References of "Brunner, Martin 40020336"
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See detailProfile formation of academic self-concept in elementary school students in grades 1 to 4
Schmidt, Isabelle; Brunner, Martin UL; Keller, Lena et al

in PLoS ONE (2017), 12(5), 0177854

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See detailThe relation between language and arithmetic in bilinguals: insights from different stages of language acquisition
Van Rinsveld, Amandine UL; Brunner, Martin UL; Landerl, Karin et al

in Frontiers in Psychology (2015), 6

Solving arithmetic problems is a cognitive task that heavily relies on language processing. One might thus wonder whether this language-reliance leads to qualitative differences (e.g., greater ... [more ▼]

Solving arithmetic problems is a cognitive task that heavily relies on language processing. One might thus wonder whether this language-reliance leads to qualitative differences (e.g., greater difficulties, error types, etc.) in arithmetic for bilingual individuals who frequently have to solve arithmetic problems in more than one language. The present study investigated how proficiency in two languages interacts with arithmetic problem solving throughout language acquisition in adolescents and young adults. Additionally, we examined whether the number word structure that is specific to a given language plays a role in number processing over and above bilingual proficiency. We addressed these issues in a German–French educational bilingual setting, where there is a progressive transition from German to French as teaching language. Importantly, German and French number naming structures differ clearly, as two-digit number names follow a unit-ten order in German, but a ten-unit order in French. We implemented a transversal developmental design in which bilingual pupils from grades 7, 8, 10, 11, and young adults were asked to solve simple and complex additions in both languages. The results confirmed that language proficiency is crucial especially for complex addition computation. Simple additions in contrast can be retrieved equally well in both languages after extended language practice. Additional analyses revealed that over and above language proficiency, language-specific number word structures (e.g., unit-ten vs. ten-unit) also induced significant modulations of bilinguals' arithmetic performances. Taken together, these findings support the view of a strong relation between language and arithmetic in bilinguals. [less ▲]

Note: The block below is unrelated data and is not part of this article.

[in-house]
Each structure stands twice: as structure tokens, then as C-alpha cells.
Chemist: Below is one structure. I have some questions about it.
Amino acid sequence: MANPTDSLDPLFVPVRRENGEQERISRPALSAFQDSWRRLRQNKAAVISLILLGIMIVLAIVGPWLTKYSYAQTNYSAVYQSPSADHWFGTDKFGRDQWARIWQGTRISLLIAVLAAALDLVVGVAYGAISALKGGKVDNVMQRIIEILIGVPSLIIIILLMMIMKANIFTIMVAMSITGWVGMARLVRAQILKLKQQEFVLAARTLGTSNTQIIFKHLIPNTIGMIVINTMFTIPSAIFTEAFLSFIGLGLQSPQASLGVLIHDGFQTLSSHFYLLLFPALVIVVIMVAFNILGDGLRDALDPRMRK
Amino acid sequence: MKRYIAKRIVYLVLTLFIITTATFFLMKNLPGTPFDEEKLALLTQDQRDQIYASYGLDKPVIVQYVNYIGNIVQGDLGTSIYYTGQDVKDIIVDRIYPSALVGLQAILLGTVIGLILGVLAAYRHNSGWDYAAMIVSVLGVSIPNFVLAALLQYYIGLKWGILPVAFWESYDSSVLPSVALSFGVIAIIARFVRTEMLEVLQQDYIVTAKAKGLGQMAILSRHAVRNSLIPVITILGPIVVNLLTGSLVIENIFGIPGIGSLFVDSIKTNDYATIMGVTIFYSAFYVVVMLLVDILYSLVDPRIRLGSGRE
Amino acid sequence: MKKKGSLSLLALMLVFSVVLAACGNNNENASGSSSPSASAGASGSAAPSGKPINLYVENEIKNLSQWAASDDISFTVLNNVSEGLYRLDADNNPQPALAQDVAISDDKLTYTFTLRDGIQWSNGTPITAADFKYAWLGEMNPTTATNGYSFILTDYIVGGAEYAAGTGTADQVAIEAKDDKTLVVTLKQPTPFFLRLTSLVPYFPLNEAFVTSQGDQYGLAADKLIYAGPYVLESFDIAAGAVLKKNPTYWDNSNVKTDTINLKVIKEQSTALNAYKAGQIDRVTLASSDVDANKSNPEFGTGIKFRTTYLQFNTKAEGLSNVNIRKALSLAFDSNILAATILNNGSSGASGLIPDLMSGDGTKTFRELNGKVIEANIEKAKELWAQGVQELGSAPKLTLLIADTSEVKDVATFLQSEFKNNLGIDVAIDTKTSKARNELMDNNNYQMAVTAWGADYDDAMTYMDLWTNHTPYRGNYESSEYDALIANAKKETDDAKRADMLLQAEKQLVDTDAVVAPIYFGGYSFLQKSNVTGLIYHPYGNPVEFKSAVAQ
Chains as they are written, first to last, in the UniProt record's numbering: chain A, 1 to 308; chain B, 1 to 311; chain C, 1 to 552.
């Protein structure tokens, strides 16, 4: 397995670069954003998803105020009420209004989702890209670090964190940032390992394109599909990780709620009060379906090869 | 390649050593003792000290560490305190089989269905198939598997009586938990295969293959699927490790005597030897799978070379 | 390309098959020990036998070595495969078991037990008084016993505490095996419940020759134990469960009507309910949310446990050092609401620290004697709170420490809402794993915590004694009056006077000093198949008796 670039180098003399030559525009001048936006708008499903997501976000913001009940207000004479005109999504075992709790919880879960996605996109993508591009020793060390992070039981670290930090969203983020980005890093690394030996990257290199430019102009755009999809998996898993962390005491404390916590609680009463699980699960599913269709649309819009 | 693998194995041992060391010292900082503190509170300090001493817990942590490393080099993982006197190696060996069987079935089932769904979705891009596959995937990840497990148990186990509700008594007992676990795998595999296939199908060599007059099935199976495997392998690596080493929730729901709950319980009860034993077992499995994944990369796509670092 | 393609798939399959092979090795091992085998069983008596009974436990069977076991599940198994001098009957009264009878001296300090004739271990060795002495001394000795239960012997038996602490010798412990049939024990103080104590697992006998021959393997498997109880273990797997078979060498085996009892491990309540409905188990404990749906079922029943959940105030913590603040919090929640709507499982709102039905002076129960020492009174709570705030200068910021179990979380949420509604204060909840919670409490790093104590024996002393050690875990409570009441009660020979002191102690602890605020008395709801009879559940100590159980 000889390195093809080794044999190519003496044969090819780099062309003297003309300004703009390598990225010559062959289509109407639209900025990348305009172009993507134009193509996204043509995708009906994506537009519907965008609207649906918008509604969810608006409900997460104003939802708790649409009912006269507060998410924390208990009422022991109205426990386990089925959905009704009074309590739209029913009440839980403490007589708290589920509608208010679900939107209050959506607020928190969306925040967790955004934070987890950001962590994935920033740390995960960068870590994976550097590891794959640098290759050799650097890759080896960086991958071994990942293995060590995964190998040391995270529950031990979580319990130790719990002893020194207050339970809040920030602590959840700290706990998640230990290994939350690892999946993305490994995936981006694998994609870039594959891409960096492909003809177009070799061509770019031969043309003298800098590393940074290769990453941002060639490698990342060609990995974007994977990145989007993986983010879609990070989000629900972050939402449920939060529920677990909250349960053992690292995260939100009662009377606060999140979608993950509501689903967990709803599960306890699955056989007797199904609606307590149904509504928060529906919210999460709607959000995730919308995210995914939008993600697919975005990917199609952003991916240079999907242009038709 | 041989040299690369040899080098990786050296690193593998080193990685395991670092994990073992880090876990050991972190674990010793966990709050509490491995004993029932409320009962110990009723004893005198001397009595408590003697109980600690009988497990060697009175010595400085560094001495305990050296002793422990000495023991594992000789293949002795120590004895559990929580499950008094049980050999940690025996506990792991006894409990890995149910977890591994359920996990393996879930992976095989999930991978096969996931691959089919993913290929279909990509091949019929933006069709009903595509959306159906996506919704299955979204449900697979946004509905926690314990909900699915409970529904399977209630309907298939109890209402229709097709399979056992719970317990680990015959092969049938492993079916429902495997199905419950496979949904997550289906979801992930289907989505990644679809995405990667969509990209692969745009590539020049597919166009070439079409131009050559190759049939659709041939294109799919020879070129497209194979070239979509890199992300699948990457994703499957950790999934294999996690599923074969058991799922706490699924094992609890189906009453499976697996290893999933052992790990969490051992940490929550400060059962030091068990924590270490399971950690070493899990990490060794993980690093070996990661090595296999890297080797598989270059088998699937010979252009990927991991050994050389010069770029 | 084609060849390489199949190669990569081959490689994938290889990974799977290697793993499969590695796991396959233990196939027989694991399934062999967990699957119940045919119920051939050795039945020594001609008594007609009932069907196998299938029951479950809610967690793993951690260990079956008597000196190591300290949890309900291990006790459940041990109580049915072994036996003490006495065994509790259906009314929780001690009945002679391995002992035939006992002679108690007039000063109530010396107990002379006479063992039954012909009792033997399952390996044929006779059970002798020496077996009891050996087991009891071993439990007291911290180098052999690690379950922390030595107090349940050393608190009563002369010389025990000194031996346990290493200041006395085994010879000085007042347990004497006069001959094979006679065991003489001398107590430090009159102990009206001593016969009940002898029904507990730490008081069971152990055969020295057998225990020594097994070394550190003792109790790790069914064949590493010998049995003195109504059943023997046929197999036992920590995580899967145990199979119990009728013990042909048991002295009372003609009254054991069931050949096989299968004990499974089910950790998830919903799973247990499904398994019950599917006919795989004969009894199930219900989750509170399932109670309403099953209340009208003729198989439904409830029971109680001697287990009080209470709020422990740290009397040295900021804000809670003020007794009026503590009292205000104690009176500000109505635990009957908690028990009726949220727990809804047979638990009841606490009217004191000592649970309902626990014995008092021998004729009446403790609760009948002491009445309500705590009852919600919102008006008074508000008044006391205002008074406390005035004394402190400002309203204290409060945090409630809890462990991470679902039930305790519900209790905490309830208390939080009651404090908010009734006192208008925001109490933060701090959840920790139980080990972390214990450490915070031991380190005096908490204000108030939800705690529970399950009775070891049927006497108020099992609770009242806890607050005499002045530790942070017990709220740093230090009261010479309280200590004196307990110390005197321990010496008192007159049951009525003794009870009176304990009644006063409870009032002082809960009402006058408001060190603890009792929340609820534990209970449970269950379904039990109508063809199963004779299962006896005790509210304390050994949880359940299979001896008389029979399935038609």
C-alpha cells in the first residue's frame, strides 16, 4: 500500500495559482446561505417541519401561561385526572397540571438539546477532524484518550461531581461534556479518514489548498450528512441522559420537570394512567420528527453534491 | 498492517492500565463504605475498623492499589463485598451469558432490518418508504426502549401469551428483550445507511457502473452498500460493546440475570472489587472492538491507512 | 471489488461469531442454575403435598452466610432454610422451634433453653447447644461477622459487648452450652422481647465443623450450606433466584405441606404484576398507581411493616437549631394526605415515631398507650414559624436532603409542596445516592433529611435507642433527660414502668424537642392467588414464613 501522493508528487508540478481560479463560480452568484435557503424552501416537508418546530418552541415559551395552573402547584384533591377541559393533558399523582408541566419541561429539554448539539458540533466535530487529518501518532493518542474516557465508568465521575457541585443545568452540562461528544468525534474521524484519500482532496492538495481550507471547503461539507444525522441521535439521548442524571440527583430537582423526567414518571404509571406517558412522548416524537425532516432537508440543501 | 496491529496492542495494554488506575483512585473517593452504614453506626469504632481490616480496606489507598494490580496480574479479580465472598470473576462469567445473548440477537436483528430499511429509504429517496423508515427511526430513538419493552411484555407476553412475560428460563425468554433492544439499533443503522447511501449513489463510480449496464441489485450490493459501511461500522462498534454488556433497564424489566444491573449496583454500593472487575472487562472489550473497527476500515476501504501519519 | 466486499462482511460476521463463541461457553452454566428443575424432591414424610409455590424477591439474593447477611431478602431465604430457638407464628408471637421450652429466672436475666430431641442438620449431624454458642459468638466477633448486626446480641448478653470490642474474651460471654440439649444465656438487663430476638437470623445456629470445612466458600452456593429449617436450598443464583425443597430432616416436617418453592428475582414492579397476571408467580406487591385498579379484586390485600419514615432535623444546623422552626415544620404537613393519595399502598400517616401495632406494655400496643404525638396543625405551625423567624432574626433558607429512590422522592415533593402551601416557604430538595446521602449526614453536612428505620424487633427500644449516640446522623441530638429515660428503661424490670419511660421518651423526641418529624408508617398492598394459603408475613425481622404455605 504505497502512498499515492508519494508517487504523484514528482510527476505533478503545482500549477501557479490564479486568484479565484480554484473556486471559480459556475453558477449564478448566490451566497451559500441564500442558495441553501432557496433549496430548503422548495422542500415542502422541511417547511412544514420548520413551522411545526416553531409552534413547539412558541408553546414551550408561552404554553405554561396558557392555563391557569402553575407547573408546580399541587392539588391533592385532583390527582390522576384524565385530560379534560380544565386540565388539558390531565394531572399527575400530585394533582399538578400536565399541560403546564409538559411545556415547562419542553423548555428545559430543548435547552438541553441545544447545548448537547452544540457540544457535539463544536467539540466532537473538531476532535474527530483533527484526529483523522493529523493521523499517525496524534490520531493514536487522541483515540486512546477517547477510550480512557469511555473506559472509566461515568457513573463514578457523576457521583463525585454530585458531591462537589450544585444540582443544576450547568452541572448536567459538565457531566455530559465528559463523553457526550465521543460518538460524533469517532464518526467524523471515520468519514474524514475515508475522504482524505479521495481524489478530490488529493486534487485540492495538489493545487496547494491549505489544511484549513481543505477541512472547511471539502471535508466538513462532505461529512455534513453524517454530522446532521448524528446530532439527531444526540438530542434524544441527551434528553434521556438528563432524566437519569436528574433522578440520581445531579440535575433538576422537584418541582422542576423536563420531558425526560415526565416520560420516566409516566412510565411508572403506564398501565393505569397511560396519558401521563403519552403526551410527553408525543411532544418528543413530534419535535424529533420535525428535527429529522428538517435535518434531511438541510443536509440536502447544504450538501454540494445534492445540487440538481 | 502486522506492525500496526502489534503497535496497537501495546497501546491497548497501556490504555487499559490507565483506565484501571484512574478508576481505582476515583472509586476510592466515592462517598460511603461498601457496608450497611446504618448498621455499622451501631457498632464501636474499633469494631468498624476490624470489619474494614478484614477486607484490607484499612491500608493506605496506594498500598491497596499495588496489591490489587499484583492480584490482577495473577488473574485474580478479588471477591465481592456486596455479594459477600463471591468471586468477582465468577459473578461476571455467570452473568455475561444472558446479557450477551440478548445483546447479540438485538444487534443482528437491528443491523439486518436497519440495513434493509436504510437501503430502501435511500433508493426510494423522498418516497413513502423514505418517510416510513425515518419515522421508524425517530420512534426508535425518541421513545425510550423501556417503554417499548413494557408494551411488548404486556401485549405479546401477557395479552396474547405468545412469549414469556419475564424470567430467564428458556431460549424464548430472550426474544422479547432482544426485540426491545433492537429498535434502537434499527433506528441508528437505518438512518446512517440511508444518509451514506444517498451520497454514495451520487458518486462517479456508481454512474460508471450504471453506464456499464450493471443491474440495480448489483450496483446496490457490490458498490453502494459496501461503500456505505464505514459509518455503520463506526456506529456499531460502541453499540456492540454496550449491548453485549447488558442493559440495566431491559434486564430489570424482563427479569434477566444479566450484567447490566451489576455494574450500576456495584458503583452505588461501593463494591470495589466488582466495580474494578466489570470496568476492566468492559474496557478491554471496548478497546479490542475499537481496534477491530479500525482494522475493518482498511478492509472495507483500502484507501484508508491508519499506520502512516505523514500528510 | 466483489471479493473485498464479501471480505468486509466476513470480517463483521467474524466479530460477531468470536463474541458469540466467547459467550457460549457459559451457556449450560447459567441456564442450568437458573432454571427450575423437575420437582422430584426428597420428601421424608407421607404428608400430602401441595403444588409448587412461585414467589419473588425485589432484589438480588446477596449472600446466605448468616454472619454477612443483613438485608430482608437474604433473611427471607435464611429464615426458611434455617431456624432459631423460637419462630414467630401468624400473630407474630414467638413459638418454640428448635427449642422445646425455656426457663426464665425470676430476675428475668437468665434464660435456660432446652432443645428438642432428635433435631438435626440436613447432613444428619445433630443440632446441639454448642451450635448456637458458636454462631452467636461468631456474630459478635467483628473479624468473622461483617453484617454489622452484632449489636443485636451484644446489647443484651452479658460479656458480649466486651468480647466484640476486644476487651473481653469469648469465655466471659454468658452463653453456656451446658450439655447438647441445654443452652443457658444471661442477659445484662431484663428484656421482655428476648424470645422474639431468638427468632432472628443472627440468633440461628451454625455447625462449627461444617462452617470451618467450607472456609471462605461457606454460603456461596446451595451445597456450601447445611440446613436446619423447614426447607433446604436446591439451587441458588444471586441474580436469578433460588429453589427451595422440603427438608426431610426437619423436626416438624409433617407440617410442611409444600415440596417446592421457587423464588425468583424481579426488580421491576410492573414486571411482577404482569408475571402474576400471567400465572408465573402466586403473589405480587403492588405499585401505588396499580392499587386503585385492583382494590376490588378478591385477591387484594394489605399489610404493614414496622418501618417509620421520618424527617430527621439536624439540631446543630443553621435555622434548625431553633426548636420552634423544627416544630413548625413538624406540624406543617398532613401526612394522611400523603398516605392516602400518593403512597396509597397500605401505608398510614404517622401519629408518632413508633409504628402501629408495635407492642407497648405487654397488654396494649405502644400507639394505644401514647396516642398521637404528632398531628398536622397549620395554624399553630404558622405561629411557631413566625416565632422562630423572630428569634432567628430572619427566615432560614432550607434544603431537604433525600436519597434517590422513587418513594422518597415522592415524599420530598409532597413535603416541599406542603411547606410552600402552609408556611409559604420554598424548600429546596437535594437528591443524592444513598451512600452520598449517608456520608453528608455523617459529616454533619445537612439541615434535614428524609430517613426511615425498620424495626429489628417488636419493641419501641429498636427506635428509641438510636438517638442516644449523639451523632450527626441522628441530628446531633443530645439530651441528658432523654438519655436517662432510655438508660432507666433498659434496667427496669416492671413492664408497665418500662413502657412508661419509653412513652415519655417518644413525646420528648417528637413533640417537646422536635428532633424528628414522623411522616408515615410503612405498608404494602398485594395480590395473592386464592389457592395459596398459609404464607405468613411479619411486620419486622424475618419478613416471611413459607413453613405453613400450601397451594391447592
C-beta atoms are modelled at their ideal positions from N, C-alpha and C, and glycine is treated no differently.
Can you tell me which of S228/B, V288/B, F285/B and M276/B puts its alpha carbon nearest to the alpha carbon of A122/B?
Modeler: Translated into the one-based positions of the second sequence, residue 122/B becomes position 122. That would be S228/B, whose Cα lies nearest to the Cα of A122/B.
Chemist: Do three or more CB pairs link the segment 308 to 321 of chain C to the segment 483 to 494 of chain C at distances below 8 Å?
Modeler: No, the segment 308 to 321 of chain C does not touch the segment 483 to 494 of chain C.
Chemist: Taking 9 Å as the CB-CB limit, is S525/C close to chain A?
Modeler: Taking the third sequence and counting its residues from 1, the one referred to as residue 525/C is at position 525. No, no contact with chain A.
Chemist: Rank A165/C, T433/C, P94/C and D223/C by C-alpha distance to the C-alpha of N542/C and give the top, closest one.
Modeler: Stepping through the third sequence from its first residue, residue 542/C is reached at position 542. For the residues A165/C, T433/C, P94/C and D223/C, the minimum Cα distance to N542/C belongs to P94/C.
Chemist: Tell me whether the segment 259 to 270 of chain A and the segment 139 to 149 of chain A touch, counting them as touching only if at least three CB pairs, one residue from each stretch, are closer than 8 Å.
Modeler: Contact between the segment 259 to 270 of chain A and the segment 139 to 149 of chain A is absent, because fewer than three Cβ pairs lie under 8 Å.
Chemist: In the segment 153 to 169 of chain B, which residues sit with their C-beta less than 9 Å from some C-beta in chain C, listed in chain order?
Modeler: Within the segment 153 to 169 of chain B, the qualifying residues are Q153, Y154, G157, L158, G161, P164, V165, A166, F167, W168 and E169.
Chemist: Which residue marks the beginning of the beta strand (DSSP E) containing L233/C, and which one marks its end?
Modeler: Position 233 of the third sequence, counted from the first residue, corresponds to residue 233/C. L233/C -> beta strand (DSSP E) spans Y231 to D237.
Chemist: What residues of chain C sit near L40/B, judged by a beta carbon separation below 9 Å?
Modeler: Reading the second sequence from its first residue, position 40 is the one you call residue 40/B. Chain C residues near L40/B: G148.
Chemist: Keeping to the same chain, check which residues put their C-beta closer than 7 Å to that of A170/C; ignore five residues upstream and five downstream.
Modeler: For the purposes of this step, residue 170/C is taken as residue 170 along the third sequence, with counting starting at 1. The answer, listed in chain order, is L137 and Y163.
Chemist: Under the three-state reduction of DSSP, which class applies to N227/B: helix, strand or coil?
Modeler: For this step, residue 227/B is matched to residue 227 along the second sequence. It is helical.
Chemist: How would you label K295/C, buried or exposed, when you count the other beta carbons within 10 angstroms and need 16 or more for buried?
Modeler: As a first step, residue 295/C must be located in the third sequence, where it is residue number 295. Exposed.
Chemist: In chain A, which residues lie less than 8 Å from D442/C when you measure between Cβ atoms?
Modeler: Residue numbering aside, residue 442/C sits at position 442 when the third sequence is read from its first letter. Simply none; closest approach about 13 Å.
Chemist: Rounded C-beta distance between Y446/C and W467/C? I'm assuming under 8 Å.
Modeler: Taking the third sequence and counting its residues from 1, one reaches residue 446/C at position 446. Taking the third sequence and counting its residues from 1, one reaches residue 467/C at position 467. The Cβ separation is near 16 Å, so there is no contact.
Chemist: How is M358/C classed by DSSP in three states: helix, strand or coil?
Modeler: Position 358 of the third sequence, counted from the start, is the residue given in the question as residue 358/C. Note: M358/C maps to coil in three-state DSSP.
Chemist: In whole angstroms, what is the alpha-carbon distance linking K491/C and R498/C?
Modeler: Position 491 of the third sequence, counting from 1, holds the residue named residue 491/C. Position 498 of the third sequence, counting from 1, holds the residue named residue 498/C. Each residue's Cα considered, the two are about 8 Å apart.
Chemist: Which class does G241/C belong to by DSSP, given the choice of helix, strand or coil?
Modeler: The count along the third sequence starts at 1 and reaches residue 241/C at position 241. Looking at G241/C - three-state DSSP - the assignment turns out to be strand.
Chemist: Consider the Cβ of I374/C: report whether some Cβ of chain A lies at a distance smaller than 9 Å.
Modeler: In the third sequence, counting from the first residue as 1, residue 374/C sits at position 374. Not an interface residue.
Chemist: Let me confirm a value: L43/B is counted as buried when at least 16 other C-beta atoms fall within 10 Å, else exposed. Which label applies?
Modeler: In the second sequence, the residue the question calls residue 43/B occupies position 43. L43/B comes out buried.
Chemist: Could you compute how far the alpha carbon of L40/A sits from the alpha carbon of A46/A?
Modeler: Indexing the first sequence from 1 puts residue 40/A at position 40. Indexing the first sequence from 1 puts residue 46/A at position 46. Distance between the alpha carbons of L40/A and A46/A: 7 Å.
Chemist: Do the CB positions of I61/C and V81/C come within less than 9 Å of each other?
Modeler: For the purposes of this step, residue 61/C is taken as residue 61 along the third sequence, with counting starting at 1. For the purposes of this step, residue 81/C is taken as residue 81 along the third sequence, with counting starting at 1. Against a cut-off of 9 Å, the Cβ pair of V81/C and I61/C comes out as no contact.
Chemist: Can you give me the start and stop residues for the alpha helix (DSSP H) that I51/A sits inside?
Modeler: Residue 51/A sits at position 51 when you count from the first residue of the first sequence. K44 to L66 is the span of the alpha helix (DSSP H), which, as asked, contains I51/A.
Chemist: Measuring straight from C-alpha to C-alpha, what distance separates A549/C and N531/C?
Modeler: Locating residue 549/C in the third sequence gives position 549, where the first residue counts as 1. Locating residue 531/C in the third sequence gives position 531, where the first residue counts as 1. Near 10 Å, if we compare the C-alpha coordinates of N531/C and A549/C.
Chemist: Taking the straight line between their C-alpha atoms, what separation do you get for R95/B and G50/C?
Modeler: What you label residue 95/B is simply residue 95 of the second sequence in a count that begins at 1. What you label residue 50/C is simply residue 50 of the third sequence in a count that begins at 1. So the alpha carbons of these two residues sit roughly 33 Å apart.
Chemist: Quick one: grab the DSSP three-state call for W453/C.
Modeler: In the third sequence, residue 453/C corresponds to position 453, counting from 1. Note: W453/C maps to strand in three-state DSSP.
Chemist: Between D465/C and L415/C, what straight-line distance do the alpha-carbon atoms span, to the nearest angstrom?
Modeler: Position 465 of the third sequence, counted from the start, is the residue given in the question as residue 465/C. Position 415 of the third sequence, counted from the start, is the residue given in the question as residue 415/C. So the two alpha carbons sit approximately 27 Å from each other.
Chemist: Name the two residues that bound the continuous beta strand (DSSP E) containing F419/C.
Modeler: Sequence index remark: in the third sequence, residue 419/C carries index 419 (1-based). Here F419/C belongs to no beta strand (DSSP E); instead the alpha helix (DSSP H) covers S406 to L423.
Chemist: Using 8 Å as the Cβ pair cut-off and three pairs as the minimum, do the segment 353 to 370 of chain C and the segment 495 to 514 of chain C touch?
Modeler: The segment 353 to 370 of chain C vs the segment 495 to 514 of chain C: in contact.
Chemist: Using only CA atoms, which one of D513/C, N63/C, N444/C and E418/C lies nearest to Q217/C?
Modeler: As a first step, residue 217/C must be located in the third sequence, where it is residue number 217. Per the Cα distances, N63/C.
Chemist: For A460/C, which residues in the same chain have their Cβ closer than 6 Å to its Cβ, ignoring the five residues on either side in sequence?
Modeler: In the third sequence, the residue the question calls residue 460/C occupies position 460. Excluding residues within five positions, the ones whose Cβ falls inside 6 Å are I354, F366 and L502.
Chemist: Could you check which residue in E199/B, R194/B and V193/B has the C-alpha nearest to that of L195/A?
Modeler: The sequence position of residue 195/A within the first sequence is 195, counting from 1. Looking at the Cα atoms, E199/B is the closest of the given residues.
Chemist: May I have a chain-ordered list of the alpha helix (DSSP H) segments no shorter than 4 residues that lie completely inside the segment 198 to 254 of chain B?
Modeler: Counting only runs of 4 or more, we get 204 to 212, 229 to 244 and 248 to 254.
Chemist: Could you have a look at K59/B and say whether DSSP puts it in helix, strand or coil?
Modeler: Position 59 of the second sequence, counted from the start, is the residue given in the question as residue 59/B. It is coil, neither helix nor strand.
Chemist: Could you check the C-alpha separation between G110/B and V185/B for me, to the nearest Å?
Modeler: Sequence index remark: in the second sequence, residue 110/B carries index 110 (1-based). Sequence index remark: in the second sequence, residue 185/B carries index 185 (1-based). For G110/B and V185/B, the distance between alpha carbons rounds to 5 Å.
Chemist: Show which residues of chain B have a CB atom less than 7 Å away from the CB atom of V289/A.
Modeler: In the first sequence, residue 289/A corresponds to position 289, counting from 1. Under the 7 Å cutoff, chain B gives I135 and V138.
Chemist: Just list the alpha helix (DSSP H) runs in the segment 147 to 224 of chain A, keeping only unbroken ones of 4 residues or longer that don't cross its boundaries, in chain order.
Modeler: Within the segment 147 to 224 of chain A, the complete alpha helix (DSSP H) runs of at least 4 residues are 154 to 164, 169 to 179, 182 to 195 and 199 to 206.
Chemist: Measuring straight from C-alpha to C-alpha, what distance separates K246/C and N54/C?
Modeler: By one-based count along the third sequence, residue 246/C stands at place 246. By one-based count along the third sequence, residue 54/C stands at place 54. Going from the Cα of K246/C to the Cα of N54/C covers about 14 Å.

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See detailPredicting first-grade mathematics achievement: the contributions of domain-general cognitive abilities, nonverbal number sense, and early number competence
Hornung, Caroline UL; Schiltz, Christine UL; Brunner, Martin UL et al

in Frontiers in Psychology [=FPSYG] (2014), 5

Early number competence, grounded in number-specific and domain-general abilities, is supposed to lay the foundation for later math achievement. Few longitudinal studies tested a comprehensive model for ... [more ▼]